Top of head black; under parts mostly white except a rusty wash near rump; back gray; wings and tail mottled gray, black, and white. 15 cm (5.75 in) in length. The call of this species is a low, nasal yank. All of the birds in this family are commonly seen climbing up, down, and around tree trunks and branches.
The breeding season begins in mid-March, peaks in mid-April, and extends through May. The nest site is commonly 3-18 m (10-60 feet) high. This adaptable species nests in a naturally occurring cavity, excavates its own cavity, uses an abandoned woodpecker cavity, or occasionally uses nest boxes. The female lays 3-10 (usually 5-8) eggs that she incubates for 12 days. The male feeds the incubating female. The young are altricial and fledge 14 days after hatching. The juveniles are fed for a short period after leaving the nest.
Hardwood forests are the primary habitat of the White-breasted Nuthatch. It prefers mature trees and will frequent more open forested areas, including residential areas, parks, and bottomlands. The diet of this nuthatch includes mostly insects and spiders, although during the winter it may eat some acorns and nuts. The food is found by searching the trunks and branches of trees.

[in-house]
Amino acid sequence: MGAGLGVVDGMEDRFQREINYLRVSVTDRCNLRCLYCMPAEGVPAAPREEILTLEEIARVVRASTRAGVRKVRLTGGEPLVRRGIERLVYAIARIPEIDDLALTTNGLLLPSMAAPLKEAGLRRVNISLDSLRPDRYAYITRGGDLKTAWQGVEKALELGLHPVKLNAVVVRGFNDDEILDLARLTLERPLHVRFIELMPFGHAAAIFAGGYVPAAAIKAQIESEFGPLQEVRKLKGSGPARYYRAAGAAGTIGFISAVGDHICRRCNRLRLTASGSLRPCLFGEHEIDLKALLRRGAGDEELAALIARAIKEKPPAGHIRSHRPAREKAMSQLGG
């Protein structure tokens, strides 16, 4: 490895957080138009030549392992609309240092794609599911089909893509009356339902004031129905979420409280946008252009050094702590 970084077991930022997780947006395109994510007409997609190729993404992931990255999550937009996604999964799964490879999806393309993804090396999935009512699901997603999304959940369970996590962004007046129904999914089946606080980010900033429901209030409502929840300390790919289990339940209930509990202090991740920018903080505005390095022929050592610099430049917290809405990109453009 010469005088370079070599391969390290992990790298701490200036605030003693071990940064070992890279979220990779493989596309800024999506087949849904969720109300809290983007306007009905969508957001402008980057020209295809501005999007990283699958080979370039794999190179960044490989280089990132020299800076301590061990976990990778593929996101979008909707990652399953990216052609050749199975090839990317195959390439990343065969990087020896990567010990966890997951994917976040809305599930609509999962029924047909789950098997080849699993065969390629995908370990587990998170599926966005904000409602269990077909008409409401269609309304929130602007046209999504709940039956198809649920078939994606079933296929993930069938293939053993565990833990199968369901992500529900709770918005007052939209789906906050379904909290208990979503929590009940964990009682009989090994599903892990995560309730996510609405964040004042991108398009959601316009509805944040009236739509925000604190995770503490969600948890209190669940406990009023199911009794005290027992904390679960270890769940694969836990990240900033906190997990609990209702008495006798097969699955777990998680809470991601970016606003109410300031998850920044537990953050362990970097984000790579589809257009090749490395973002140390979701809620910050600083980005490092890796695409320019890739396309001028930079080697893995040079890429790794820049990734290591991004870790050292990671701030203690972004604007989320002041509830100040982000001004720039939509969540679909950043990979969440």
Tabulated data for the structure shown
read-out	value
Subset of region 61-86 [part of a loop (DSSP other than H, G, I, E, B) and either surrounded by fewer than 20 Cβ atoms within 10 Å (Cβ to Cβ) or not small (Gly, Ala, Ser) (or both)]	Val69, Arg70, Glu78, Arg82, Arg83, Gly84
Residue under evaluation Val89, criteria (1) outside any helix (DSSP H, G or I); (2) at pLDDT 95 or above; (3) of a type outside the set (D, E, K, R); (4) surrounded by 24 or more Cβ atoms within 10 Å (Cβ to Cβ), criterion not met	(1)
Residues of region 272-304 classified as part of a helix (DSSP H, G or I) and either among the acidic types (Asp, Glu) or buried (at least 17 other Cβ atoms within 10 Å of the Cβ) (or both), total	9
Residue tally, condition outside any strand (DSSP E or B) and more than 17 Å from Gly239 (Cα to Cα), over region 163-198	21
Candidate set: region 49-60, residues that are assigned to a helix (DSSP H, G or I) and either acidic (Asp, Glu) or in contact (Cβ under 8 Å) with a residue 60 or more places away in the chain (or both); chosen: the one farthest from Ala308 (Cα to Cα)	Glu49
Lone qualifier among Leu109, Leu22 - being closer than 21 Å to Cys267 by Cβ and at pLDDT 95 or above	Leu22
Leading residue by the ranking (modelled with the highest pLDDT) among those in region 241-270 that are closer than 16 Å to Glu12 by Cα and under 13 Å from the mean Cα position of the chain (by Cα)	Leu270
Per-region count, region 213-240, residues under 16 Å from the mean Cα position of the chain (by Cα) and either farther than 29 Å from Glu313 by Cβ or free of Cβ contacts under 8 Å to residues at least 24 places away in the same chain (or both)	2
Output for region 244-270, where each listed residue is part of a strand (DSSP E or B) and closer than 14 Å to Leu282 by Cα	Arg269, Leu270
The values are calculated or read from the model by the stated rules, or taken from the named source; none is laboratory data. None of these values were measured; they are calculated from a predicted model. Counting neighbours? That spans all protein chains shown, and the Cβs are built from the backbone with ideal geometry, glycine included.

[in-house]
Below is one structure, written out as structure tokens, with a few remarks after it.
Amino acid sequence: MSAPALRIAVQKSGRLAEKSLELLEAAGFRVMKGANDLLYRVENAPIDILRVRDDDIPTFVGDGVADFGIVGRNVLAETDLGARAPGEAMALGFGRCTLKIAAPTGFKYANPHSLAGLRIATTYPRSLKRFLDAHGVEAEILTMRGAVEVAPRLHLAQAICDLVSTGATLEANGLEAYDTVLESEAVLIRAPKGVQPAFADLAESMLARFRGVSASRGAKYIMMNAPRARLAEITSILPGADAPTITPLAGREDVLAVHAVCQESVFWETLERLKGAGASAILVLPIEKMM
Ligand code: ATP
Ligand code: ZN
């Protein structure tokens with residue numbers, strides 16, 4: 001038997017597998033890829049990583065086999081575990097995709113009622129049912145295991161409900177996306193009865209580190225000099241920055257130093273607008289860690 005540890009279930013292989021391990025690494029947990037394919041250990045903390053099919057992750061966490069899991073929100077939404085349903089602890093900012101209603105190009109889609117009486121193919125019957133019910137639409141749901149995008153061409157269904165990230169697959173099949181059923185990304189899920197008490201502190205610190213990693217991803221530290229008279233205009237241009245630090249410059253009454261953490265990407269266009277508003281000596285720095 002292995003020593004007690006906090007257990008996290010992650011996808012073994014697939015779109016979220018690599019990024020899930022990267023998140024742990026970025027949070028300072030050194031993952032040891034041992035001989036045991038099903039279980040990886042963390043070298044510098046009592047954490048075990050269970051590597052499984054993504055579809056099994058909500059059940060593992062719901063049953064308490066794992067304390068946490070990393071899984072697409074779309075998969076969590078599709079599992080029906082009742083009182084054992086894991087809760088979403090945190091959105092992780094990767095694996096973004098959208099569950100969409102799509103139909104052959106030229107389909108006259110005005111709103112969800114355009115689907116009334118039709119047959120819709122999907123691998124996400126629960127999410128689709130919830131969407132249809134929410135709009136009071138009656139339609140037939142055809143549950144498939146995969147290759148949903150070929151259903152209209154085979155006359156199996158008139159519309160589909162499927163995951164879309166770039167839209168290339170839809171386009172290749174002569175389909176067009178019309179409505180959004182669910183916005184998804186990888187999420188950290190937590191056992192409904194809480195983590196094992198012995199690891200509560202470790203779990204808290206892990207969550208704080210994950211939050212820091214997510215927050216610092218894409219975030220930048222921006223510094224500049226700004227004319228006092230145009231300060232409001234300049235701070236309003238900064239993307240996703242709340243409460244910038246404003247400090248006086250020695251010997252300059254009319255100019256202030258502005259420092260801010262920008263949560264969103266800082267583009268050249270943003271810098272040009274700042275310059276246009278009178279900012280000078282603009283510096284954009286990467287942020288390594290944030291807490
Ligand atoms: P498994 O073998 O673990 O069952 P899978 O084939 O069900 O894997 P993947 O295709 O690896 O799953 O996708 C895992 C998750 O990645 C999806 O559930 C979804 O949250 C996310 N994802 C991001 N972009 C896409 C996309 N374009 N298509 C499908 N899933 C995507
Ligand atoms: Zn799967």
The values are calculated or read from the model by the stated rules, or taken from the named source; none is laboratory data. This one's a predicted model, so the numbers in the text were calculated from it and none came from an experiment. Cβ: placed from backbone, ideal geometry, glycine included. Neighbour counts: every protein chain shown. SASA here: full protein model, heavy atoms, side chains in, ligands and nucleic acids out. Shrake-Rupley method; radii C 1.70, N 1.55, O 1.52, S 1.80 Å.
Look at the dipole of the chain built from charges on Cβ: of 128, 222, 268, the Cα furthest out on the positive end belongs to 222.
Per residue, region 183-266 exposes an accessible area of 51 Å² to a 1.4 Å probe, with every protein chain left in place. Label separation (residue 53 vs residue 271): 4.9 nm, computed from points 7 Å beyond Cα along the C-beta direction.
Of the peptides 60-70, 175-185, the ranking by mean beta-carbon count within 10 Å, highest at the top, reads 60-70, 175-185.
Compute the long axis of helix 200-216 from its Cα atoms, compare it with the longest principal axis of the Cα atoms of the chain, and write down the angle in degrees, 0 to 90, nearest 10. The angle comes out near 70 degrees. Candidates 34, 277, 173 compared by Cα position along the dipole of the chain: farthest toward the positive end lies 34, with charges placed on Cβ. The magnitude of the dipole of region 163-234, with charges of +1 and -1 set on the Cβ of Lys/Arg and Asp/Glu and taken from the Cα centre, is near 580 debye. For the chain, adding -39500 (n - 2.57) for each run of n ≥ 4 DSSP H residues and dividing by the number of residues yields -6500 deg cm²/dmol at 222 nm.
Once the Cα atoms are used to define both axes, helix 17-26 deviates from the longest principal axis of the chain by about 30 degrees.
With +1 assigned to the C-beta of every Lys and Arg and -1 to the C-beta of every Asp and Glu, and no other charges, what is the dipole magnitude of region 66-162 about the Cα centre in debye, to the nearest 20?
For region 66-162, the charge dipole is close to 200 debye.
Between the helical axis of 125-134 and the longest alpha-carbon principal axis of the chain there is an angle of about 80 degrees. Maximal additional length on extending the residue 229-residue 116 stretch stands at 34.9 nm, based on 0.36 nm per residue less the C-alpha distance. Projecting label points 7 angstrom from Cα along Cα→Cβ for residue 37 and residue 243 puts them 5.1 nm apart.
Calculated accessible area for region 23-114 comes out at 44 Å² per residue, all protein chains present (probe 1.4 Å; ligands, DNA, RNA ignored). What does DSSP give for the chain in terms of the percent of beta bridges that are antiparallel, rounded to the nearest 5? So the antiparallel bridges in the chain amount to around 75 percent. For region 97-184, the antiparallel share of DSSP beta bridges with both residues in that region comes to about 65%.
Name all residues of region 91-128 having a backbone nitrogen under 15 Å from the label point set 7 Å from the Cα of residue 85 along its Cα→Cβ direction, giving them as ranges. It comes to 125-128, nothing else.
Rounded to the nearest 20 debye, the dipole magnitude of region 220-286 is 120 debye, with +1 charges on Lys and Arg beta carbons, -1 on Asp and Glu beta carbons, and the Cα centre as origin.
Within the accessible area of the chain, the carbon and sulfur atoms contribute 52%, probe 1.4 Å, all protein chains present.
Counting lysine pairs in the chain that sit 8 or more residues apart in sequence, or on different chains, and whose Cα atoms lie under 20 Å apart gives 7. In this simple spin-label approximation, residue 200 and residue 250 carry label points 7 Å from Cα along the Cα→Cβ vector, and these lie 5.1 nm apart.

The White-breasted Nuthatch occurs throughout most of the United States all year. Within the Southeast this bird is accidental along the southern coastal areas, including all of Florida. In Georgia this nuthatch is uncommon in most of the state and rare along the coast; in the northern quarter of the state it is fairly common during the breeding season.
This species is common in appropriate habitat and is not listed as Threatened or Endangered in any part of its southeastern range.
The most similar species are the Red-breasted Nuthatch and the Brown-headed Nuthatch. The Red-breasted Nuthatch differs in appearance by having an additional face stripe (a black eye stripe) and very rusty colored under parts. The Brown-headed Nuthatch has a brown head instead of black and appears to be much smaller than the White-breasted Nuthatch.